The Illusion of Intelligence

The bittersweet truth is that you are smart before you have experience. Experience is merely a measurement of how long you can dedicate yourself to a single manner of performing. Intelligence is how you approach a problem. You do not need a PhD in psychology to know yourself. You do not need to read a lot of books to gain knowledge. And neither do you need practice to exceed expectations.

There are simple ways of learning which are interactive, such as creating a dialogue where questions, answers, and ideas are bounced back and forth. Even if you are first introduced to a new concept through someone else’s opinion, you can still consider what is being said and come to your own conclusion based on previous knowledge.

Possibly the most important aspect of learning is how much of an impact a new subject has on you when you first attempt to learn about it. If you are introduced to a new topic that is presented without much enthusiasm or a chance to experiment, you may feel uninterested in the subject as a whole.

Sometimes the best way to approach a problem is by having no previous knowledge and jumping straight into it with an open mind. At first this can be daunting as you may come to question every step you take not knowing what is right or wrong. The best approach is akin to “shocking the system”. How you adapt to your new environment – in this case how you tackle a new topic/subject – is what will define how much knowledge you can accrue during this phase of learning.

Everybody has intelligence in different aspects of life and those talents show themselves at different stages of our lives. Some individuals intuitively draw better, calculate equations more quickly, move with elegance, or maybe excel in a smaller category that cannot be seen as easily.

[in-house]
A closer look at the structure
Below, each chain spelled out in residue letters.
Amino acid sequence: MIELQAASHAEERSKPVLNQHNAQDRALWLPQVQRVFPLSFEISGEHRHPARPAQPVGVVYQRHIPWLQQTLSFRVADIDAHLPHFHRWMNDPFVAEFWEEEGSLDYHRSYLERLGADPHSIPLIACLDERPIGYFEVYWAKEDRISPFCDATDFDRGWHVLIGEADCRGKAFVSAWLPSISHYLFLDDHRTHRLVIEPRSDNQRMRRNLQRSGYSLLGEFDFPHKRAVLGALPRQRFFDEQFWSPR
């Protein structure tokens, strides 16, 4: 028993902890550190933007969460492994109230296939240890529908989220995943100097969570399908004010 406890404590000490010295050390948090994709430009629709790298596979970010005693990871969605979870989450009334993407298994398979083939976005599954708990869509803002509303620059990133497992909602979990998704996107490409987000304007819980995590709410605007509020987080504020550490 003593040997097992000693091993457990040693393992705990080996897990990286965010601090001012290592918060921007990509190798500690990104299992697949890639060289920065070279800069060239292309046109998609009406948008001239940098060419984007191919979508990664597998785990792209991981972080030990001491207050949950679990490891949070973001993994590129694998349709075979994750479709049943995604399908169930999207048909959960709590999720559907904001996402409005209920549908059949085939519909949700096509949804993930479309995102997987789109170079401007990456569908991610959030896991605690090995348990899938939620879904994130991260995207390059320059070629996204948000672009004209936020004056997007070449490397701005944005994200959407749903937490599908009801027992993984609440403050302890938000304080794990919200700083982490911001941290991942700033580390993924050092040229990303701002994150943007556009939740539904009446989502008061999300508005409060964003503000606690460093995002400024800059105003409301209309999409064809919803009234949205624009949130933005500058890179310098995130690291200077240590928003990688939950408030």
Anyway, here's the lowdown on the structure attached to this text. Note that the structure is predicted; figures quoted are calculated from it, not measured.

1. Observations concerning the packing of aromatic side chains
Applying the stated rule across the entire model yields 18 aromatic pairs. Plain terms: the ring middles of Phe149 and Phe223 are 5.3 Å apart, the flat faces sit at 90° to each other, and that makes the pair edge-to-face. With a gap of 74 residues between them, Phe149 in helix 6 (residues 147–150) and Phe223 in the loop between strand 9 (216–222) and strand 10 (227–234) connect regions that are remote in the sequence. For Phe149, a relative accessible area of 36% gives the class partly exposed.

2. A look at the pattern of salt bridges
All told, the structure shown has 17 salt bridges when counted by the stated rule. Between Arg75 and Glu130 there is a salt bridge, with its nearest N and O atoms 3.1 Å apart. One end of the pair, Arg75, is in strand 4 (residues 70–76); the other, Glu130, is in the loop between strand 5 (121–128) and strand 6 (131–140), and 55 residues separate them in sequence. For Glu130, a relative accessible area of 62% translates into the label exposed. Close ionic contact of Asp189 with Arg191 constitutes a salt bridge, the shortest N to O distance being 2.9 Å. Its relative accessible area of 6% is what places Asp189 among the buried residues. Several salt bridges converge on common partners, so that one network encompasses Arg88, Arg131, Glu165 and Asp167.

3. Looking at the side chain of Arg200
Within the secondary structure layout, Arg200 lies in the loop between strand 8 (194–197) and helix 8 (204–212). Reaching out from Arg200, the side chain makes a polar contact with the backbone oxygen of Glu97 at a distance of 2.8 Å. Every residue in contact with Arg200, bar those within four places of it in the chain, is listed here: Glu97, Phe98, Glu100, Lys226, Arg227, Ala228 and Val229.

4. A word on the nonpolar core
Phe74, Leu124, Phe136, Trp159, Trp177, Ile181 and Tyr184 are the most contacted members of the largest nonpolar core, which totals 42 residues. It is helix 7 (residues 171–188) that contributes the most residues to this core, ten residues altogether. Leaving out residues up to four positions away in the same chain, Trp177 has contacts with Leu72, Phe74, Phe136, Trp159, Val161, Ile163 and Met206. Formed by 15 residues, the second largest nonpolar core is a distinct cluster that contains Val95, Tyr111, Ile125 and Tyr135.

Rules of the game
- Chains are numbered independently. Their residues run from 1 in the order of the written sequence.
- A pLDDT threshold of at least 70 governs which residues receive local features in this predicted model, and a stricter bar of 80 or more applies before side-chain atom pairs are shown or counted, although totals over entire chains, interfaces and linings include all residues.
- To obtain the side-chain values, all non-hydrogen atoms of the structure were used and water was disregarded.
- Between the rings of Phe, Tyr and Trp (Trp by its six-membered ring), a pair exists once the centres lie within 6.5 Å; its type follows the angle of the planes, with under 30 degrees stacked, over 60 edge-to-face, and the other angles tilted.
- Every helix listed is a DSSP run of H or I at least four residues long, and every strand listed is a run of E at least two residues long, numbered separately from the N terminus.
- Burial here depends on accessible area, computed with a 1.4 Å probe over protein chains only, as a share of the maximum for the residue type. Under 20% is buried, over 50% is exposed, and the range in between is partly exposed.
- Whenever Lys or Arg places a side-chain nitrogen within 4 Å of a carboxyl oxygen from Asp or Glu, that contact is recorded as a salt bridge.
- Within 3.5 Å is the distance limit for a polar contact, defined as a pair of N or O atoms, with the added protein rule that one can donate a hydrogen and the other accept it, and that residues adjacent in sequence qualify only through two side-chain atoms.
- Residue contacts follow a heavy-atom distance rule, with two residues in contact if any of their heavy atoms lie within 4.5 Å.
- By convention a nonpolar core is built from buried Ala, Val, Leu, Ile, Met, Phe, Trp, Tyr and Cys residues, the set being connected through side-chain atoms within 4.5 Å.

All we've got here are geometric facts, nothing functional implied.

If you go over the same task repeatedly, overtime you will become more efficient and seemingly “more talented”. The best example of this is when you look at an upperclassmen who seems to be on the same track as you career wise. Intellectually you both may not be as different as it would seem, but your senior may have more experience in your field than you do at this time.

To compare yourself to someone higher up on the ladder is to essentially look up and think you cannot climb any higher despite having the steps to succeed at your feet. How you get there is up to you, but it is best to remember that you are fully capable of reaching new heights.

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This article was written by an individual or organization that is not part of The Vector. The name of the individual/organization that wrote this article is at the bottom of the article.

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